Accessibility for all: Sarah’s app idea
This is Sarah Wojcik, a junior from Monticello High School who decided to create an app to help those with physical disabilities.
The idea came to her after seeing her parents’ work as special education teachers. The function of her app would be to display the accessibility of restaurants, movie theaters, and other social hotspots in the form of a digital map.
By simply clicking the icon of a particular location, anyone can see its accommodations. Sarah’s goal is to make it easier for everyone to go out and have fun, regardless of disability.
Unfortunately, Wojcik’s road to designing her project, which she came up with during an independent study at her school, has been riddled with bumps and difficulties, primarily due to lack of cooperation from local facilities.
Wojcik reached out to over 20 locations, asking them to fill out a survey created by the National Center of Health, Physical Activity, and Disability. The questionnaire, entitled the “Community Health Inclusion Index,” asks about specific criteria to make sure of accessibility, such as wideness of doors, inclusion of ramps, and presence of handicap bathroom stalls.
It would make Sarah’s research much easier if she did not need to personally travel to each location and fill out the survey herself, but so far, only three places have responded to her.
She similarly faces problems with her limited knowledge of app design and feelings of disheartenment after not winning the TomTom Festival’s Social Innovation Challenge. However, none of these issues have caused her to give up. Wojcik is a girl doing the work of a whole team, but she possesses the tenacity and passion needed for this particular job.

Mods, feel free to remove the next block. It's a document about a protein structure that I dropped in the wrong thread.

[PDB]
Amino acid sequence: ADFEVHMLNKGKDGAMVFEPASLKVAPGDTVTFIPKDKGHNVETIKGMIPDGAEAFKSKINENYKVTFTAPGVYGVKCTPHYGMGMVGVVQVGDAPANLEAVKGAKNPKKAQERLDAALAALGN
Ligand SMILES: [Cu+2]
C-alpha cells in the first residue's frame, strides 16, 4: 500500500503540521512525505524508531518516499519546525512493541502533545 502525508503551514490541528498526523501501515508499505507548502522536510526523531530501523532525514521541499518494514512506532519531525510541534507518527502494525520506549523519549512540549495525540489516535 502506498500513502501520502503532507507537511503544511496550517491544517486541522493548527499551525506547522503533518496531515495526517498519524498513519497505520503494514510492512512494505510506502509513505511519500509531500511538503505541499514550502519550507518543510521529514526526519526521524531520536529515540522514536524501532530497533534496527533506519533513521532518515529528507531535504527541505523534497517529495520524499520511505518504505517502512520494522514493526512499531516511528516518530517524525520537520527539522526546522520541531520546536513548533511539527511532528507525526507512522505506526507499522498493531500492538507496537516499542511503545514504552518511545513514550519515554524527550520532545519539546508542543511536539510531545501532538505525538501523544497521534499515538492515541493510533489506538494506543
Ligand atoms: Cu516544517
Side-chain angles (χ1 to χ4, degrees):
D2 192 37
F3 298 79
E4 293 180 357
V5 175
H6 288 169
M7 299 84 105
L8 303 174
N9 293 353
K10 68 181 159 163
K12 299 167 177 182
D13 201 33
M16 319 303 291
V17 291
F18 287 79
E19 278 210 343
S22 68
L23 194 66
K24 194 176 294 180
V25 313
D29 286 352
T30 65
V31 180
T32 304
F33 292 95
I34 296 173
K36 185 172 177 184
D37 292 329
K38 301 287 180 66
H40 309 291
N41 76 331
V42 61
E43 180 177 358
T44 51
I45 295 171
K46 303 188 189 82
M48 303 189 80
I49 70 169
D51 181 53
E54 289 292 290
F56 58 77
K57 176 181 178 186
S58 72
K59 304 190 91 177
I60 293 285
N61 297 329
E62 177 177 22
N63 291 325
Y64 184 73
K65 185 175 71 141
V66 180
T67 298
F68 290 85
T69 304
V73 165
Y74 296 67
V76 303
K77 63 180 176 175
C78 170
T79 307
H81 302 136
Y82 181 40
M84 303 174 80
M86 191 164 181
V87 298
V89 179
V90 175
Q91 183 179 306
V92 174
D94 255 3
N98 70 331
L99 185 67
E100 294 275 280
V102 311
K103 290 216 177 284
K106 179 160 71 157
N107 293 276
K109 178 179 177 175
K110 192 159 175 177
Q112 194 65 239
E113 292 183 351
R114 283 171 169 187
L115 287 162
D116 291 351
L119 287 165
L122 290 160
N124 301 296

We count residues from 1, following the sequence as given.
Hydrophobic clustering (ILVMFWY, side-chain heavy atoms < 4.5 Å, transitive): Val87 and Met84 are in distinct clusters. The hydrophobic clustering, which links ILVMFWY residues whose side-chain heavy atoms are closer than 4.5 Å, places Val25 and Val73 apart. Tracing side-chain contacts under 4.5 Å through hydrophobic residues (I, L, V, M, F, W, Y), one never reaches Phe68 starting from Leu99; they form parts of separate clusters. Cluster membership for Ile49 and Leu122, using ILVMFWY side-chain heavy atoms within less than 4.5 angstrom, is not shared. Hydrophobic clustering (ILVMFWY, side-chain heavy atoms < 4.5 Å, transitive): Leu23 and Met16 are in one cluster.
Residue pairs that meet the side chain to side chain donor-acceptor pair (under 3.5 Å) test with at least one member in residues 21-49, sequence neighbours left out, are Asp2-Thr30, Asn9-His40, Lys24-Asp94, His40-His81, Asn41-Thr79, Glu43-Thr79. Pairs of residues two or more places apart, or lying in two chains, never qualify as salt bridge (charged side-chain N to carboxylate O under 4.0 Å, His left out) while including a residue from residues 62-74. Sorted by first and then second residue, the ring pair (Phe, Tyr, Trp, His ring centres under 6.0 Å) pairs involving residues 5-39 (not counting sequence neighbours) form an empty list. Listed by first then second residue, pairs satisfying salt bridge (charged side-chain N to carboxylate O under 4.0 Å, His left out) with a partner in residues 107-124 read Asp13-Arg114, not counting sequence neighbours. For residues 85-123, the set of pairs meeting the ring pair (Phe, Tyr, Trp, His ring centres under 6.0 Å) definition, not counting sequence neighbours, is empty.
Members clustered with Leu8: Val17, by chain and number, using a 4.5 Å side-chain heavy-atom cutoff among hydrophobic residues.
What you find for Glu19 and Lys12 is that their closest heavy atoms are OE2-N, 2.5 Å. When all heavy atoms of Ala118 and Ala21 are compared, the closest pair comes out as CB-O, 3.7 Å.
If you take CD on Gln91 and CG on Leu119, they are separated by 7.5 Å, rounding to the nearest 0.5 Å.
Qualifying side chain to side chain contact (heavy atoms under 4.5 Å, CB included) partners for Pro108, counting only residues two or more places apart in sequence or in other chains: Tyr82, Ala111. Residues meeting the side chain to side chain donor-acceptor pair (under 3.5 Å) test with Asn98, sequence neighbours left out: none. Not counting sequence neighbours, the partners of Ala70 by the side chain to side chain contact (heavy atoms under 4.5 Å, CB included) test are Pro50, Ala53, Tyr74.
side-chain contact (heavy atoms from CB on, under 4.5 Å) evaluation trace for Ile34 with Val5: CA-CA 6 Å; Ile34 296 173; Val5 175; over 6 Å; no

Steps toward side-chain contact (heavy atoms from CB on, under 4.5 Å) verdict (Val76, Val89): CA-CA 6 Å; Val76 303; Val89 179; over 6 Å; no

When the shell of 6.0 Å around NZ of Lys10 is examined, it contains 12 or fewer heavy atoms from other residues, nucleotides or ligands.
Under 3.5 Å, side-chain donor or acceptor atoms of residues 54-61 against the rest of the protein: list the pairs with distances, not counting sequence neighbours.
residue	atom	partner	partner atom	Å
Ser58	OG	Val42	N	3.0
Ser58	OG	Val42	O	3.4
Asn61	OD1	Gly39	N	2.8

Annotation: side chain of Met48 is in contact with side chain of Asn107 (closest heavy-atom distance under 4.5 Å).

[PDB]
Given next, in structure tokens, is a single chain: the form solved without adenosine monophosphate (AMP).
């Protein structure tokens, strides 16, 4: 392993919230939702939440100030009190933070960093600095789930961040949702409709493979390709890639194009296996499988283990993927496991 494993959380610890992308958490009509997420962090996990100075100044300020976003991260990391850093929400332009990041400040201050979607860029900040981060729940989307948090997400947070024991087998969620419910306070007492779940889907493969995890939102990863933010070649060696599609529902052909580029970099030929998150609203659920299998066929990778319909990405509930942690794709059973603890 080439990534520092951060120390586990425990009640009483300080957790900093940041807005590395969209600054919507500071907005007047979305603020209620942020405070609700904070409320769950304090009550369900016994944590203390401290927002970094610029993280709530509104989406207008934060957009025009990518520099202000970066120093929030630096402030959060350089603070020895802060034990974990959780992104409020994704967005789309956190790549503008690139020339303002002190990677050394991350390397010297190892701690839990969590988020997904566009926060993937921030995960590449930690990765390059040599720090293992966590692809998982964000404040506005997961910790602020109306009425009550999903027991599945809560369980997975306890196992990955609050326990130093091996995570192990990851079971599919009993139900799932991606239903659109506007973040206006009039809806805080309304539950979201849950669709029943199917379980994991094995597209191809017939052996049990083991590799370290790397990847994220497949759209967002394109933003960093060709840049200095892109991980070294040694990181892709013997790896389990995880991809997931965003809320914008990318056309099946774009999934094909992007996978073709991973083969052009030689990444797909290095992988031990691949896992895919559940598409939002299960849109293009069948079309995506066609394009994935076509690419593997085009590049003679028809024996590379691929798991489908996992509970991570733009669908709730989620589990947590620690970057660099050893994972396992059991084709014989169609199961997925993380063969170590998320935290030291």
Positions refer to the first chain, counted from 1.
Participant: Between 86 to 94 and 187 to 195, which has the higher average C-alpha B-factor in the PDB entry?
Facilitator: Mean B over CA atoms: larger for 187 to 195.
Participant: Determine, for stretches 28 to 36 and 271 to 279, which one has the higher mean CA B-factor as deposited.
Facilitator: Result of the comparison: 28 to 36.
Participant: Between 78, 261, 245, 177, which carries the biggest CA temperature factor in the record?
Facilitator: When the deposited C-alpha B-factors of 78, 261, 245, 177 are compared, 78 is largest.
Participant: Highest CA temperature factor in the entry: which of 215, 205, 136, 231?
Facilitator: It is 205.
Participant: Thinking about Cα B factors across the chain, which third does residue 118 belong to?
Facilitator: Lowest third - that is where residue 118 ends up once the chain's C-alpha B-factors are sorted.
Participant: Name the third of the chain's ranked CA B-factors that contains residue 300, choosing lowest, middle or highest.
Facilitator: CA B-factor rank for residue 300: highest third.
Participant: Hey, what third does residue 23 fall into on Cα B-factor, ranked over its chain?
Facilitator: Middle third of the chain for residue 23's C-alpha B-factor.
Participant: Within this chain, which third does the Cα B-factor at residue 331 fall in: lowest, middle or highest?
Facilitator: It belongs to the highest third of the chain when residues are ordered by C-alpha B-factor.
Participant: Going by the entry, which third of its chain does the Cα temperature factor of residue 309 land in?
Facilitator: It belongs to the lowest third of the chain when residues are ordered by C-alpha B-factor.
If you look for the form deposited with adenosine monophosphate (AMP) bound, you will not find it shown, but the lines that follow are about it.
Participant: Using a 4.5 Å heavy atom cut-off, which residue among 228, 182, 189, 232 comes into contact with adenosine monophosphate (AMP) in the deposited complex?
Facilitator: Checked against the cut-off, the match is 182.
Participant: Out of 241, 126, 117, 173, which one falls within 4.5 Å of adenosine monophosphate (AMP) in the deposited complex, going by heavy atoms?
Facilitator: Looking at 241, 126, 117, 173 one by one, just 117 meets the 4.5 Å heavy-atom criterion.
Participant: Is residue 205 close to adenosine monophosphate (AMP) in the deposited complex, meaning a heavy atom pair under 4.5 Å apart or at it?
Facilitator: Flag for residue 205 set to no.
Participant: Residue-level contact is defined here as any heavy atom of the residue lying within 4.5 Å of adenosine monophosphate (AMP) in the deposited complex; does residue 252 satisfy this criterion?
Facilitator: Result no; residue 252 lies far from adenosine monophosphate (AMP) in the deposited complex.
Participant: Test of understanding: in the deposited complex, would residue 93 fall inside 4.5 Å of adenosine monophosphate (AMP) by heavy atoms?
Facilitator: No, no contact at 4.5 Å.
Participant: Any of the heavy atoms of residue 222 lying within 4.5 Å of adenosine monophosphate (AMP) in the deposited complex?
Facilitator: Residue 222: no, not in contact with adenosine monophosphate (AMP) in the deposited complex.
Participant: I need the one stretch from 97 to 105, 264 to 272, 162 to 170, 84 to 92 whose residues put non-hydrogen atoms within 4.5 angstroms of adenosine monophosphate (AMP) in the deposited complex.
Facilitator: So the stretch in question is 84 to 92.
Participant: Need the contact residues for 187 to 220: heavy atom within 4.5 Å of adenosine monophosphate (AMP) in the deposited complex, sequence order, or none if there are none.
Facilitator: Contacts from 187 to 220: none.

“I didn’t realize how hard it would be, but I feel like I’m determined enough to get it done,” she tells me.
Her mission is less about creating a product than it is about informing the larger population about problems that often go unnoticed.
“I have the intention to educate people, not just make something,” she says when asked about her goal.
So, what can people do to help Wojcik create this app, which would benefit a demographic that’s frequently underserved? She needs people willing to travel to locations around Charlottesville and help fill out the aforementioned survey and those who understand app design, but more than anything else, she just wants to spread awareness.
The app will only achieve its mission if people know about it, so once it’s up and running, everyone should help get the word out.
Wojcik feels as though it will be easier to make progress during the summer, without some of the stress of being a high-schooler. Although the whole project is still in the planning phase, she is determined to make it a reality.
“I think about the barriers and struggles disabled people face every day and how to break them down,” she says.
Wojcik is currently working on a personal website, and planning out her next moves, so everyone should stay tuned in, since this idea may have monumental results in the near future.
Story by Tess Majors
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